Azerbaijan’s GI ranking in Band E places it in the very high risk category for corruption in the defence and security sector. The highest risk areas are Procurement and Operations, which fell in Band F (critical risk of corruption).
The constitution of Azerbaijan formally affords Parliament – the Milli Majlis – the power to oversee and scrutinize defence policy. In practice, however, the legislature lacks independence and influence. Key decisions regarding defence policy are usually made by executive order rendering Parliamentary debate on defence issues a largely symbolic enterprise. Parliament had little to no influence over the country’s National Security Concept, adopted in 2007, nor its official Military Doctrine, adopted in 2010. While the Milli Majlis has a legislative committee that exercises budgetary oversight over national defence issues, Parliament plays virtually no role in shaping the budget and does not amend it.
We recommend that the Government enhance legislative oversight by relying less frequently on executive orders. To oversee the defence sector more effectively, we recommend that Parliamentary committees be granted more extensive oversight powers: they should have access to a fully detailed defence budget and internal audit reports; be able to call expert witnesses and scrutinise defence agencies and institutions; meet regularly; and publish reports on their activity.
The state budget released annually by the Milli Majlis lacks detail and provides only aggregated sums. While Azerbaijan increased its defence spending by 27% in 2015, little information is available regarding how spending has been allocated. Azerbaijan publishes how much money is spent on defence and „applied research in the field of defence and security;” yet no information could be found on how much money is spent on acquisitions or the disposal of assets.
In addition, there is little evidence of effective internal or external audits. While Azerbaijan passed the Internal Audit Act in 2007 to establish an internal audit system, the country has yet to fully implement it. With regards to external audits, there is no available evidence that defence or security spending has ever been audited by the public auditor or another body.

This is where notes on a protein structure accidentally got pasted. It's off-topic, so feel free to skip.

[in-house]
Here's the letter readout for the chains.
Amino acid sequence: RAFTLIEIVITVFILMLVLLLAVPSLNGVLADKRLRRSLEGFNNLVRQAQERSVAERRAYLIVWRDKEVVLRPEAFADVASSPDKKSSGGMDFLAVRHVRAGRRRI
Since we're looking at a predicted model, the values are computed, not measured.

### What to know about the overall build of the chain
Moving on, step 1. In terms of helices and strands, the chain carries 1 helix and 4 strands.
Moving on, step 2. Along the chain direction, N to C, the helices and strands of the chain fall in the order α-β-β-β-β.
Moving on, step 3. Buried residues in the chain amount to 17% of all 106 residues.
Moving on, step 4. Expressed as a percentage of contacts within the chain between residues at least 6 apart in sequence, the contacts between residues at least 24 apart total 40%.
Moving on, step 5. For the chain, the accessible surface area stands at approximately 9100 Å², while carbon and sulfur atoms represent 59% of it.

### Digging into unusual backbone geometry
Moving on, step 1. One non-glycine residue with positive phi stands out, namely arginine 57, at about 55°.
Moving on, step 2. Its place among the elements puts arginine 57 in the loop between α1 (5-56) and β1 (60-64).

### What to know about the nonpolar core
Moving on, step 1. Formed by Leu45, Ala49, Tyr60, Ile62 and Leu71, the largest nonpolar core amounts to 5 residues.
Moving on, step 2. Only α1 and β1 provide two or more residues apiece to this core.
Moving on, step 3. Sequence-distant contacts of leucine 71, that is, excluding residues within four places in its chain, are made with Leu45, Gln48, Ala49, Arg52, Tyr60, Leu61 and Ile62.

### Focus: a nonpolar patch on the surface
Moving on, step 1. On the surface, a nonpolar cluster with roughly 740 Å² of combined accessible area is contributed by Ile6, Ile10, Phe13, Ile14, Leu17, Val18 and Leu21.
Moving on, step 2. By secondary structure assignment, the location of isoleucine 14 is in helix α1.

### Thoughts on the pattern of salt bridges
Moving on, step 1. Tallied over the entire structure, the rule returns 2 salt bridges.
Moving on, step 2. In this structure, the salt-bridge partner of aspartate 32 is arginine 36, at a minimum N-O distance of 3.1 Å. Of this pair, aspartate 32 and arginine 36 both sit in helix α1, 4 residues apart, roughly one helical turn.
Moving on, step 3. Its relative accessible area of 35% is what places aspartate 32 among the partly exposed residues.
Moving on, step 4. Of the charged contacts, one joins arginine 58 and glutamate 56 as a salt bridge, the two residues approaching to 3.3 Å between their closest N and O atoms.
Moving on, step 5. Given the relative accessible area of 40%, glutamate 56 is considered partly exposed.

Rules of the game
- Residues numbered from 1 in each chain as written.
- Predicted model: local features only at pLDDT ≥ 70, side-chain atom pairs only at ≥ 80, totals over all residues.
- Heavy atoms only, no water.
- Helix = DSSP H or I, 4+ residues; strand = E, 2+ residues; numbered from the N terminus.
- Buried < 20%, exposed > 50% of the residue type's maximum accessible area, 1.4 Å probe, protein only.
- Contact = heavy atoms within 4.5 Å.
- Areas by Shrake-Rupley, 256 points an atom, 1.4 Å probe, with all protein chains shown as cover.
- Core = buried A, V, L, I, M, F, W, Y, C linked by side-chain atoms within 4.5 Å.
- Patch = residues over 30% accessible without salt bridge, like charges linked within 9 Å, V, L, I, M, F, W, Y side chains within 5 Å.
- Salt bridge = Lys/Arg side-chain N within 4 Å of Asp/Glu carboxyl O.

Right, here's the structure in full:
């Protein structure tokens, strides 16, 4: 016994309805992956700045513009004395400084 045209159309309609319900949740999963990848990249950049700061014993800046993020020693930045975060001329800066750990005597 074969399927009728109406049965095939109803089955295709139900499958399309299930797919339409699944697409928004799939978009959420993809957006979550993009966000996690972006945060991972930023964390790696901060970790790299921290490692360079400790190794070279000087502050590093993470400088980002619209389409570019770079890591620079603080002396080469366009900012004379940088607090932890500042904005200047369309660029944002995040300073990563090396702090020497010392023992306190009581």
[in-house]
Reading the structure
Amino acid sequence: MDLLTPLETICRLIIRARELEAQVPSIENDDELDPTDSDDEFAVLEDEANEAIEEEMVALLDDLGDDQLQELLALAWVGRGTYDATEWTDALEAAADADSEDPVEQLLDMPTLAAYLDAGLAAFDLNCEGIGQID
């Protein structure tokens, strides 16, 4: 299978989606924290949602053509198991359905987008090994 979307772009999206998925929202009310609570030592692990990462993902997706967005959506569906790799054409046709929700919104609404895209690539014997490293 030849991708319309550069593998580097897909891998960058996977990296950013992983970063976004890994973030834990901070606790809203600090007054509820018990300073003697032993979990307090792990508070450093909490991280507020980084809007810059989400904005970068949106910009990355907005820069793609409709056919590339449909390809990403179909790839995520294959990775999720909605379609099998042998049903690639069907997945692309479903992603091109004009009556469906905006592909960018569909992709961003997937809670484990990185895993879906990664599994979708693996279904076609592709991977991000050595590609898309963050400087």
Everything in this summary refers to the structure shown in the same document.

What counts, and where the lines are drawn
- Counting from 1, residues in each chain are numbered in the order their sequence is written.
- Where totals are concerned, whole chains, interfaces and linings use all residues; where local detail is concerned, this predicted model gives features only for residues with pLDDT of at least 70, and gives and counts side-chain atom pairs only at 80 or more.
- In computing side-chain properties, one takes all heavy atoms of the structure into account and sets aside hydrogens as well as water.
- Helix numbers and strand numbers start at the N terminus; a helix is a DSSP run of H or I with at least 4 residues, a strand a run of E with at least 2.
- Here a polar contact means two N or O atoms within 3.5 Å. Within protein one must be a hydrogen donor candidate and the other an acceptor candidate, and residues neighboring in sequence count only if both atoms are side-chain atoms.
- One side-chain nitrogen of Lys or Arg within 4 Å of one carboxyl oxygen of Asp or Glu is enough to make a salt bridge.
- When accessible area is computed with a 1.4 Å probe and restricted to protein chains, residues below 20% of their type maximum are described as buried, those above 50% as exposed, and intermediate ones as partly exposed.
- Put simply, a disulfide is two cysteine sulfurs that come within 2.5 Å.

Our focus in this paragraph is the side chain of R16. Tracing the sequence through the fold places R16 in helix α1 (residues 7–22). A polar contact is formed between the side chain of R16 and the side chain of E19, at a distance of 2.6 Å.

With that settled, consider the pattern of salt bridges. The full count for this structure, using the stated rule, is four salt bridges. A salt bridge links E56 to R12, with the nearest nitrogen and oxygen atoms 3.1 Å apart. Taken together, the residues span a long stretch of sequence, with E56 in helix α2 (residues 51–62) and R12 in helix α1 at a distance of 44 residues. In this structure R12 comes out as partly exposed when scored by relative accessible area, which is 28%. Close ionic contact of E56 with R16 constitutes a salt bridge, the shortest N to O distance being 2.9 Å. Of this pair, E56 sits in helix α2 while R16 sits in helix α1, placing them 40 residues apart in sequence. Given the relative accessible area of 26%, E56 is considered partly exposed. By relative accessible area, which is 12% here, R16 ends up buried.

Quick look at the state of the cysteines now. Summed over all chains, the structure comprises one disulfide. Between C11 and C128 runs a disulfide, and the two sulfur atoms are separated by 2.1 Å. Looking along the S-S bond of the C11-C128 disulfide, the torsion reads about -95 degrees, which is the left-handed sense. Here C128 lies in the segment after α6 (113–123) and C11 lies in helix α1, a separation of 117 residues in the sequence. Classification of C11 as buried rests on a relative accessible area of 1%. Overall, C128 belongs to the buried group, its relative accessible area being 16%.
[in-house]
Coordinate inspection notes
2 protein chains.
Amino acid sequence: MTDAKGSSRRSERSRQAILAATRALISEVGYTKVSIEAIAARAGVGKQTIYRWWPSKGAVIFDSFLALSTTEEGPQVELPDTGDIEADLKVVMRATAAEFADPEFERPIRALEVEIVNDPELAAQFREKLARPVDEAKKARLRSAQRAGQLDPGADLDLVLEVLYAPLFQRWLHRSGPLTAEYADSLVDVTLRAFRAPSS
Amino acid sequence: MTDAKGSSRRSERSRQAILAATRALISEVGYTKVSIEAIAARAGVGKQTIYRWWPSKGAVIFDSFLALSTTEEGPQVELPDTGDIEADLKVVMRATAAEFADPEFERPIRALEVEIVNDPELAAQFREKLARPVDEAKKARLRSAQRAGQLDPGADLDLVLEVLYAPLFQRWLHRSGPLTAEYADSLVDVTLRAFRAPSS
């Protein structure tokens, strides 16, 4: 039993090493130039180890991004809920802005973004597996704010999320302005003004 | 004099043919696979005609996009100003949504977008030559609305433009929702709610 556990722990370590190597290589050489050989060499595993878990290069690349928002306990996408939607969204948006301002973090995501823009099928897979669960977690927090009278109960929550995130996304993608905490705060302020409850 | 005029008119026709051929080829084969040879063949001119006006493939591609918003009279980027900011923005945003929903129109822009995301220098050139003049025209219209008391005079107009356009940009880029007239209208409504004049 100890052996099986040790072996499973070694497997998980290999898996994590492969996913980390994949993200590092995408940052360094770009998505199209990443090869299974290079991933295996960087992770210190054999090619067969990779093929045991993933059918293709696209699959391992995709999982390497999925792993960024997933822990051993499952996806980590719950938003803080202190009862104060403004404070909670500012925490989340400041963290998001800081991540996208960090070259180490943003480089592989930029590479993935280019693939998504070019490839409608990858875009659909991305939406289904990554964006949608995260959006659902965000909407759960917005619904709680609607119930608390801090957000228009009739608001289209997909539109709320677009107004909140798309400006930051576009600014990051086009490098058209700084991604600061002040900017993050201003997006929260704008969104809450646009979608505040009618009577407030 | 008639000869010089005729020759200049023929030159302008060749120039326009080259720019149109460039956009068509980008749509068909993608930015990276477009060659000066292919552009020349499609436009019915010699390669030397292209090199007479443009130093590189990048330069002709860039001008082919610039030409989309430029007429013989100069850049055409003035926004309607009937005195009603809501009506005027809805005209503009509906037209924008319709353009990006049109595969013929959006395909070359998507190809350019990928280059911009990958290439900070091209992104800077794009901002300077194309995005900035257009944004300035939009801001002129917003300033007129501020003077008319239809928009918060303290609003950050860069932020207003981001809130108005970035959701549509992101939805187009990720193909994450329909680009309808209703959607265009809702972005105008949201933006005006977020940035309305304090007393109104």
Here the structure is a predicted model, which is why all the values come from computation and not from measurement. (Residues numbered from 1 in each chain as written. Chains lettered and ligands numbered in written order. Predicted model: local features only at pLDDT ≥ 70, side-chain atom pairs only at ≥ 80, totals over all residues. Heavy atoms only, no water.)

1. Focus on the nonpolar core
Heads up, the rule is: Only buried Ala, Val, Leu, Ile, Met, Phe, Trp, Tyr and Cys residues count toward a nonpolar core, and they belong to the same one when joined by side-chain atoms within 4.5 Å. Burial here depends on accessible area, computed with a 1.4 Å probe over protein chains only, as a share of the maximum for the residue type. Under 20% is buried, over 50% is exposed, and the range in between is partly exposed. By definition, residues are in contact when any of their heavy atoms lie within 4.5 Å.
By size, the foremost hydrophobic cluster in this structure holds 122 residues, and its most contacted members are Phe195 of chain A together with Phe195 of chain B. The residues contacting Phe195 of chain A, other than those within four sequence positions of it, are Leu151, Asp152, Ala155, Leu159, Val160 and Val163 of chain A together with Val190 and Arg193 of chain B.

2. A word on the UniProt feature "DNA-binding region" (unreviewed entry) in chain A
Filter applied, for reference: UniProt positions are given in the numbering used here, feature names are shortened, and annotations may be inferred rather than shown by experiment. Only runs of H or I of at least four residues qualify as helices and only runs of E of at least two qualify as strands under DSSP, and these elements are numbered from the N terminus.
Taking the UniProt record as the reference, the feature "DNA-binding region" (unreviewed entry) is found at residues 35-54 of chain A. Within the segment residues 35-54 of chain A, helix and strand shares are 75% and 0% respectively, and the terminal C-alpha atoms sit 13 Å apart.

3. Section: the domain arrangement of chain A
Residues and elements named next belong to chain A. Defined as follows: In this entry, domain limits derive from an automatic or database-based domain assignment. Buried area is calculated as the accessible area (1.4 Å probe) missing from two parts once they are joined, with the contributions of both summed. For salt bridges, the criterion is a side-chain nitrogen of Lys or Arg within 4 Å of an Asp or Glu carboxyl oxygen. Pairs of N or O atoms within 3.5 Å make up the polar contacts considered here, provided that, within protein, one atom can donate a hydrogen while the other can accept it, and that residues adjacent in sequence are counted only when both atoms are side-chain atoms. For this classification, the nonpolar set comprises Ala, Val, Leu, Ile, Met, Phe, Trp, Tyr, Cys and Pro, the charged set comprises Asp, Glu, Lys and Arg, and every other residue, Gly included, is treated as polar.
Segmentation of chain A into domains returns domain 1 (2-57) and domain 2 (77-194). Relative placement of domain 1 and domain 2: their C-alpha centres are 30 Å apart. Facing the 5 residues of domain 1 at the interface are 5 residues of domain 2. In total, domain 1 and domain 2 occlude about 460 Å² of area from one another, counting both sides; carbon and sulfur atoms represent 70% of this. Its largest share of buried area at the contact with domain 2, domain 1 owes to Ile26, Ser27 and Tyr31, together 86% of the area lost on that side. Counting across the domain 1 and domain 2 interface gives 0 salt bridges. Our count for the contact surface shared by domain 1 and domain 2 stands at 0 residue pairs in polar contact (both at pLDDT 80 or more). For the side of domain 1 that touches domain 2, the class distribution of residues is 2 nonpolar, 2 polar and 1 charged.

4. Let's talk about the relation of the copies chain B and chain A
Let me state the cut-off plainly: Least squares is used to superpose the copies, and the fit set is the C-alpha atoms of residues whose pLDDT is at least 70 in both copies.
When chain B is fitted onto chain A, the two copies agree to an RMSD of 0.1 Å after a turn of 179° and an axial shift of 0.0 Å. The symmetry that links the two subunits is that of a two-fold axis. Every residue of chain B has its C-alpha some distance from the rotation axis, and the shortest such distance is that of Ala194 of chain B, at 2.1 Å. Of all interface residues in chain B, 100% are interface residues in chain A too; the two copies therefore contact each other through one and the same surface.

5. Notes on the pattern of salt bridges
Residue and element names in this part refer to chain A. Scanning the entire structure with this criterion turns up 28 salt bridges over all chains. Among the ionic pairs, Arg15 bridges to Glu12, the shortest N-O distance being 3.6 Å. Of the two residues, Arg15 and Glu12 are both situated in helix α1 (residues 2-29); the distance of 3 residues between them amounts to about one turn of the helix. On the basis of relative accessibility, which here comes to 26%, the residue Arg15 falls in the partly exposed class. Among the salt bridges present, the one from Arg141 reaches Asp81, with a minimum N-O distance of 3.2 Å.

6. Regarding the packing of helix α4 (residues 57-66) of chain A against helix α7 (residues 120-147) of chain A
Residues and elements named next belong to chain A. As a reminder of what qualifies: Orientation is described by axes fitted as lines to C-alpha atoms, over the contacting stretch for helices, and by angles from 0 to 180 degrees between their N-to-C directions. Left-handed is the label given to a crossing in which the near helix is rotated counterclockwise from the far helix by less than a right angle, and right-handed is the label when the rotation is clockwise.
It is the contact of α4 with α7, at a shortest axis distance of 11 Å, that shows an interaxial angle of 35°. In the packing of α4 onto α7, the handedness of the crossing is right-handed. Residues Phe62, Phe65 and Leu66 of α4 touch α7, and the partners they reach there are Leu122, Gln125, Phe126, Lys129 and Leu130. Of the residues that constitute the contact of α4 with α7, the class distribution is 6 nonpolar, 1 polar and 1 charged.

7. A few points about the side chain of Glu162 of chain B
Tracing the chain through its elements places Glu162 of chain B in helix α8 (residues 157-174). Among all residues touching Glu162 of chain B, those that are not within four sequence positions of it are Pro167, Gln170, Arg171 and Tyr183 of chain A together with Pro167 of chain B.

We recommend that the government publish an annual defence budget that includes detailed information on expenditure across functions. It should also include publish more information on its sources of defence income and the asset disposal process. The government should increase its efforts to implement the Internal Audit Act and subject defence spending to external auditing by the Court of Auditors.
Azerbaijan has extensive formal legislation surrounding procurement procedures and protocols. The 2001 Public Procurement Law (2001), for example, details the basic standards of transparency and competition for the country’s acquisition and tendering, while the 2012-2015 National Anti-Corruption Plan has a section devoted to standards in procurement and calls for a national public procurement plan. Additionally, Azerbaijan’s central procurement, State Procurement Agency (SPA), has formal powers of oversight regarding procurement decisions. Nonetheless, evidence suggests that formal legislation is not effective. Not only do procurement agencies not publish their procurement plans, there is evidence that rules are frequently broken. The government has begun publicly listing Request for Information/Request for Quote about tenders on a website (as stipulated in the National Anti-Corruption Action Plan), but the information is largely incomplete and opaque. The SPA, while it has many functions, it doesn’t have the tools necessary to sanction fraud and monitor effectively. The defence procurement cycle process – from assessment of needs, through contract implementation and sign-off, all the way to asset disposal – is not fully disclosed to the public.
We recommend that the government enhance the powers of the SPA to sanction companies for malpractice and that the defence procurement cycle be disclosed to the public.
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